At TOA Global, we make sure every team member has a deep understanding of the latest information in online safety by completing the TOA Global Compliance: Data and Privacy course through our learning division, the Ab2 Institute of Accounting.
- An understanding of the latest cyberthreats to companies and individuals.
- Cybersecurity best practices to help prevent attacks.
- A ‘clean desk policy’ that instills the habit of securing devices, locking away mobile phones and storing documents during and after office hours.
- The importance of restricting access to computers and files, keeping devices updated with the latest software and using strong passphrases.
3. Firewalls and antivirus software
With the move in recent years to remote or hybrid work models, which has seen more employees working outside the confines of secured networks, firms are relying more on firewalls and antivirus software. Firewalls help you block unauthorised web traffic but allow the flow of outgoing communications from authorised sources. Antivirus software scans for and isolates malicious software so it can’t infect other systems on the network or reach company assets.
About 71% of companies are breached using compromised credentials, usually simple passwords. It takes cybercriminals just two days on average14 to penetrate a firm’s internal network.
TOA Global Executive VP Information Technology, Charles Wardzinski, advises firms to use passphrases over passwords. He says, “A passphrase is a combination of words that’s longer than eight characters using a mix of capital and lowercase letters, numbers and special characters. A complex passphrase of 10 or more characters will take hundreds of years to crack. But anything less than that can be cracked in a matter of hours.”
One of the most effective tools to protect your system is multifactor authentication that uses knowledge and a possession to authenticate a user. Knowledge would be your unique username and passphrase, and the possession is your unique device. Charles says, “Enterprise-grade protection and redundancy are built in to ensure we control traffic in and out of the TOA Global network. We use a cloud security tool that geo-locks cloud data to our facility and hides passphrases from other users. And all our clients receive an Offshore Technology Assessment as part of the onboarding process with TOA Global as a starting point along with the added assurance that their global outsourced accounting talent has the latest cybersecurity training.”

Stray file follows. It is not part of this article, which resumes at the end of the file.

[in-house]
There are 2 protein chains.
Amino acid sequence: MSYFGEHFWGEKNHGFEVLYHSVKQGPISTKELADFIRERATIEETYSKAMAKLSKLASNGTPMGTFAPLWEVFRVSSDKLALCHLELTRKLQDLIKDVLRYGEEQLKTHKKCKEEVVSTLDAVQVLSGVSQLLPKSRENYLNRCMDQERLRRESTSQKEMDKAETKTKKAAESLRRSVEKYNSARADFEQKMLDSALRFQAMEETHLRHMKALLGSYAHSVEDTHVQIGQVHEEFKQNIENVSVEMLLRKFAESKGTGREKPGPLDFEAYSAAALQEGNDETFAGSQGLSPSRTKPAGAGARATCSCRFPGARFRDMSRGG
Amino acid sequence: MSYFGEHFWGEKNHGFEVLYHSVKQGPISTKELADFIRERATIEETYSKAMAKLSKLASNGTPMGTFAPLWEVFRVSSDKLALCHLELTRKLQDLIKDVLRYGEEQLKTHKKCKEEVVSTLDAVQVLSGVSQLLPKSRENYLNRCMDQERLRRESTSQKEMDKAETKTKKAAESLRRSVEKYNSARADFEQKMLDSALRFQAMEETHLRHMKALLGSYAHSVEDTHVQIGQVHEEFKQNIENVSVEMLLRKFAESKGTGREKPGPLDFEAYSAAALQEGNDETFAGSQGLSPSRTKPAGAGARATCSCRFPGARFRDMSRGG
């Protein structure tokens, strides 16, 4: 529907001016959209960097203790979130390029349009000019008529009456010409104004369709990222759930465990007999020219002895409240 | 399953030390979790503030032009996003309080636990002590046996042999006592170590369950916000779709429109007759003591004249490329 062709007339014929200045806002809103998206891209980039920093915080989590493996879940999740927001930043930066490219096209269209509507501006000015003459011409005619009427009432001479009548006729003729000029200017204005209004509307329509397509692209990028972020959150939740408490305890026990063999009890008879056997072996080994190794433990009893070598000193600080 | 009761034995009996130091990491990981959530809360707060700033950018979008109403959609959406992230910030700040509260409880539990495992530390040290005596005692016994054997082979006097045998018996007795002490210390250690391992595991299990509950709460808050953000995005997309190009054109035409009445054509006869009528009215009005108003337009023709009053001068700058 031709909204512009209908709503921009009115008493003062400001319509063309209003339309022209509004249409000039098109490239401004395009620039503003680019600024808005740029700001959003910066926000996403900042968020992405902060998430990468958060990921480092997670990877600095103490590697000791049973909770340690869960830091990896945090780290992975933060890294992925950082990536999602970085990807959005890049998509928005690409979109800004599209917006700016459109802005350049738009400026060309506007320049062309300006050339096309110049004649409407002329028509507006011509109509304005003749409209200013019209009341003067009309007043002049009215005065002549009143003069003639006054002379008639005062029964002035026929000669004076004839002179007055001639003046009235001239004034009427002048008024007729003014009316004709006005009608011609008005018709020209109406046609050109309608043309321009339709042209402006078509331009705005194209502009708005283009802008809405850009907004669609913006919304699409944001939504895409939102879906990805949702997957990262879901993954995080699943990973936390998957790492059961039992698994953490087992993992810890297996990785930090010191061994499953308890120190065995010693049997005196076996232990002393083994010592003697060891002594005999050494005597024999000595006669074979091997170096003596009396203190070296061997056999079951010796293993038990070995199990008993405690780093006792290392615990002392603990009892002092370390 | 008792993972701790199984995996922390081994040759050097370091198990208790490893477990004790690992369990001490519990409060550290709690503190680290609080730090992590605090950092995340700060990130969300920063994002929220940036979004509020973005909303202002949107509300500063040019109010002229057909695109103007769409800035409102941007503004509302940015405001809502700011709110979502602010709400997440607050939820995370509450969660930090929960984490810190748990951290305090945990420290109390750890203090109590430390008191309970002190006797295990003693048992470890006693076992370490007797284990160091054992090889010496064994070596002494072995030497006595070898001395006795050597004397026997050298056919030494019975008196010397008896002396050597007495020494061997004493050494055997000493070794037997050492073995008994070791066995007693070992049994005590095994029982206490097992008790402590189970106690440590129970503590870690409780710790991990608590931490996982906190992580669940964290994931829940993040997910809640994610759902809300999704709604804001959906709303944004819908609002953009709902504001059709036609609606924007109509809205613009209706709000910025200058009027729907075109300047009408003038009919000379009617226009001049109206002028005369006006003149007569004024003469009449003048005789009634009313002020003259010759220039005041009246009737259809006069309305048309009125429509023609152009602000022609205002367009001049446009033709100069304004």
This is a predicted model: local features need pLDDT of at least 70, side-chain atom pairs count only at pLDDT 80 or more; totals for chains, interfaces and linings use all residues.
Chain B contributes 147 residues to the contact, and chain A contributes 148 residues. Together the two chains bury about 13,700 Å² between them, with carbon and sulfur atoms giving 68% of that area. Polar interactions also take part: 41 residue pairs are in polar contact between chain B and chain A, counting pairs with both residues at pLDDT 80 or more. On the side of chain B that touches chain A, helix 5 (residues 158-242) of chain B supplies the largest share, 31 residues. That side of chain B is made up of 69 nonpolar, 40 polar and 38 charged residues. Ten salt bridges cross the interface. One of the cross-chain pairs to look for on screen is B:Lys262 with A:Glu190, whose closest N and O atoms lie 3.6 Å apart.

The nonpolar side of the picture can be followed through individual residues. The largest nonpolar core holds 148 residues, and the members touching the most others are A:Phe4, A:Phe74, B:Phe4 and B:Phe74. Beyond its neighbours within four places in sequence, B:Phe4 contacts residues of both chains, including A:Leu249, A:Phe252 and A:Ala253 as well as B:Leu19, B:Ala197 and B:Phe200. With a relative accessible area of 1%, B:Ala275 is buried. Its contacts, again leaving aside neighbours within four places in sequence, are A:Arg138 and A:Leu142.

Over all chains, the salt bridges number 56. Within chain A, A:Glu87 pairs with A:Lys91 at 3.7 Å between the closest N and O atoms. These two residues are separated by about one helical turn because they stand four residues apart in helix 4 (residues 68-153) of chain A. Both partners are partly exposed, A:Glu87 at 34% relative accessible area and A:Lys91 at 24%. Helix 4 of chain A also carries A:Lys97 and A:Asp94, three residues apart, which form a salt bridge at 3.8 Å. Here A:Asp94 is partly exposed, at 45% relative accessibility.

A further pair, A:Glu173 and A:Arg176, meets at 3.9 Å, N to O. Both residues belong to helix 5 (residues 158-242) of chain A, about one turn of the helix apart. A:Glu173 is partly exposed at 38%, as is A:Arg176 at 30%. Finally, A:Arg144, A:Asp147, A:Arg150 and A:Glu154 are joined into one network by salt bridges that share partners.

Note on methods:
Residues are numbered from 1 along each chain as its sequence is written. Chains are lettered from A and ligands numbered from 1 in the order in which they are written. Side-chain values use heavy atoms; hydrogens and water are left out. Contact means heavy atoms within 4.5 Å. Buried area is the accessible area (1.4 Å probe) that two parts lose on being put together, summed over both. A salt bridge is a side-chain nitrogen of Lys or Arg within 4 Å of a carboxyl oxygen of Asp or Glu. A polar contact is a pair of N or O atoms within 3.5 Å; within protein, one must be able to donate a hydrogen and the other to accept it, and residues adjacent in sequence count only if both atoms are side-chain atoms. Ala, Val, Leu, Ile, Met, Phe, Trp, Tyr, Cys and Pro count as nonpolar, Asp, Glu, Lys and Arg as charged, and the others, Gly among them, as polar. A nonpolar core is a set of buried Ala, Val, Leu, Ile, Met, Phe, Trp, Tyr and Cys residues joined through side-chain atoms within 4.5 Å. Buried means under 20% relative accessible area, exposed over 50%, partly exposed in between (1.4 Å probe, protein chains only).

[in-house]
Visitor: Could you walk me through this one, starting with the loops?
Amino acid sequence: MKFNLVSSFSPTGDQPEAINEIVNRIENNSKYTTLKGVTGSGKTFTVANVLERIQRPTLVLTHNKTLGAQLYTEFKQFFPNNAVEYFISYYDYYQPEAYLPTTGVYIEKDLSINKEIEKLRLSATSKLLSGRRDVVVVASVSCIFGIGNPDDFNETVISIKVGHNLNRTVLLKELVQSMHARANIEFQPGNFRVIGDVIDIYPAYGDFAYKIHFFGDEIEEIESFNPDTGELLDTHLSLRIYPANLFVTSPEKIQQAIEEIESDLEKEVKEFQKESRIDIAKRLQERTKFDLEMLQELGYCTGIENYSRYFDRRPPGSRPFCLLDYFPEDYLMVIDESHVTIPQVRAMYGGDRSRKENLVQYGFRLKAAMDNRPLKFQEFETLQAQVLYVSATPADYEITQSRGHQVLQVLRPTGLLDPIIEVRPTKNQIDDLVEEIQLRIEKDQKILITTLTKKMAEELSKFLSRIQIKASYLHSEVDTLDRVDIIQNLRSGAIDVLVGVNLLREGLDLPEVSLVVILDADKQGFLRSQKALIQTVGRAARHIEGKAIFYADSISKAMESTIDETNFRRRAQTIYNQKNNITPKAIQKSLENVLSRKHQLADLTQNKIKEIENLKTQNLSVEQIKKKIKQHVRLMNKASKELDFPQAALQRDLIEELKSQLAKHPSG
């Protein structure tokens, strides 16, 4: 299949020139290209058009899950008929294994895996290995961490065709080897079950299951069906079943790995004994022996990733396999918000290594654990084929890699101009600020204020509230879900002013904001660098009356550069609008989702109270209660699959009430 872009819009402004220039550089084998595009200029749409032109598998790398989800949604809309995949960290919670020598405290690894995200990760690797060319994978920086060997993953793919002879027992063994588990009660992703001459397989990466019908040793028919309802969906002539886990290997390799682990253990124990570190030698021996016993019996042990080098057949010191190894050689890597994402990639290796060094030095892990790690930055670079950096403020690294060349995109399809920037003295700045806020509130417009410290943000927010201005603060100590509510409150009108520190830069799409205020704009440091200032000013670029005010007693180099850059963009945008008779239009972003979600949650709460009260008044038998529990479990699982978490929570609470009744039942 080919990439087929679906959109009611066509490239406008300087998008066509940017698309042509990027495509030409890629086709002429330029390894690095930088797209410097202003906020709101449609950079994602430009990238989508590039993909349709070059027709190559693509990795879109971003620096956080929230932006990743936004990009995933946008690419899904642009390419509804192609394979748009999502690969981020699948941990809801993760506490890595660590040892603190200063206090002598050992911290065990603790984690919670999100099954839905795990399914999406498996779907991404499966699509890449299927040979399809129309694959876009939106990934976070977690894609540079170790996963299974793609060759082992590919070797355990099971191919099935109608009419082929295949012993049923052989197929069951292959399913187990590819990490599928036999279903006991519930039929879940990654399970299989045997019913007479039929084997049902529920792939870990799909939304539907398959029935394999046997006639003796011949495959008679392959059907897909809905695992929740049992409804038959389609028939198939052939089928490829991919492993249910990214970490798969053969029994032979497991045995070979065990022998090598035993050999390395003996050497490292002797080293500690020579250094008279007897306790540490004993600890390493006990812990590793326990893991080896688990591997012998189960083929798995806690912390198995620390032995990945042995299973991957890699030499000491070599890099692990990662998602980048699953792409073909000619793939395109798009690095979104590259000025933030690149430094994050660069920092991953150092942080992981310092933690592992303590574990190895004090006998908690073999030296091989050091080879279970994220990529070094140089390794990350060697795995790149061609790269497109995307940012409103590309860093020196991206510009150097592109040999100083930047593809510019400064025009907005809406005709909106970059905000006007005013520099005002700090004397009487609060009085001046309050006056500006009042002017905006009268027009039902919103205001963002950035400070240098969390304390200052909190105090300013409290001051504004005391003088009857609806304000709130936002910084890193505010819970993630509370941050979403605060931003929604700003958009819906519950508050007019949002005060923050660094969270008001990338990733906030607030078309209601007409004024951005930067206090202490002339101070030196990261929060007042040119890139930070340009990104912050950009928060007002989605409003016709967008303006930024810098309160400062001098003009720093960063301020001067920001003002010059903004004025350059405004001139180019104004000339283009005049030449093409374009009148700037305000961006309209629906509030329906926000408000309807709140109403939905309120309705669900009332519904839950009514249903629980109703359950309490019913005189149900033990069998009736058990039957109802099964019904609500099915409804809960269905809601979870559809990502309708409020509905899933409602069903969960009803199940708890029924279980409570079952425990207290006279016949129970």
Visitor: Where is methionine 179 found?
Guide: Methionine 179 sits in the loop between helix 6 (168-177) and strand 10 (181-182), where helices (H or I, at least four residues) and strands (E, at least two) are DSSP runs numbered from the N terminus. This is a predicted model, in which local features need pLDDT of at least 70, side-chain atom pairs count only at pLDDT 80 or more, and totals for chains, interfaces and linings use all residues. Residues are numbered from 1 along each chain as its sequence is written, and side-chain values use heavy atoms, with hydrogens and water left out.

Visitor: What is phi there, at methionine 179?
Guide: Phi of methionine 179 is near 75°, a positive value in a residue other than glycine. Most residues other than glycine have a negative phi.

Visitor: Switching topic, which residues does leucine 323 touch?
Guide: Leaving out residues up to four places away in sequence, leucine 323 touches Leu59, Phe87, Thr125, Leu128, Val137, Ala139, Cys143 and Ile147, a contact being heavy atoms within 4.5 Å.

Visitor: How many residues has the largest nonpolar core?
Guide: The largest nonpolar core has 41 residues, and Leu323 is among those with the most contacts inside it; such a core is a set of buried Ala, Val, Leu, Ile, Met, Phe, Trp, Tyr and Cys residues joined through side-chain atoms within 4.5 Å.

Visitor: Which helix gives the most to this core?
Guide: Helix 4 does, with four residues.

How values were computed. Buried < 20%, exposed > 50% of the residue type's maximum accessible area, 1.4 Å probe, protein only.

5. Partner alert
As many as 44% of executives15 believe their growing use of partners and suppliers exposes them to significant security risks. It is becoming increasingly important to take a careful look at your supply-chain security so you’re in a position to detect, respond to and mitigate security threats.
Alarmingly, about 60% of businesses16 admit they don’t have full visibility of supply chain cybersecurity risks. This means your firm may be vulnerable to a supply chain attack despite having shored up your own cyber defences – criminals may be able to access your firm through your partners and suppliers.
If you haven’t already, consider creating a third-party risk management program (TPRM)17 for your firm. For smaller firms or micro practices, if you’re not sure where to begin, use a licensed third-party auditor to certify potential partners.
Meeting challenges, heading off danger
Despite firms increasing their security budgets and adopting more advanced defences, staying a step ahead of cybercrime and minimising the fallout when attacks do occur will continue to be a challenge.
If you’re concerned about the safety of your business, start with a risk assessment including partners and suppliers. This will give you a quick view of the immediate threats to your business and allow you to prioritise cyber vulnerabilities so you can put measures in place to increase your operational cybersecurity and safeguard the future of your firm.
As the leading global talent solutions provider for the accounting industry, we ensure the protection of our clients by using the latest security protocols, platforms guarded by 24/7 enterprise-grade security, and advanced training for your global team members so you’re free to focus on reaping the benefits of elite outsourced accounting talent.
Contact us today to talk about how we can help you increase your efficiency and profitability with dedicated outsourced accountants, bookkeepers and executive assistants.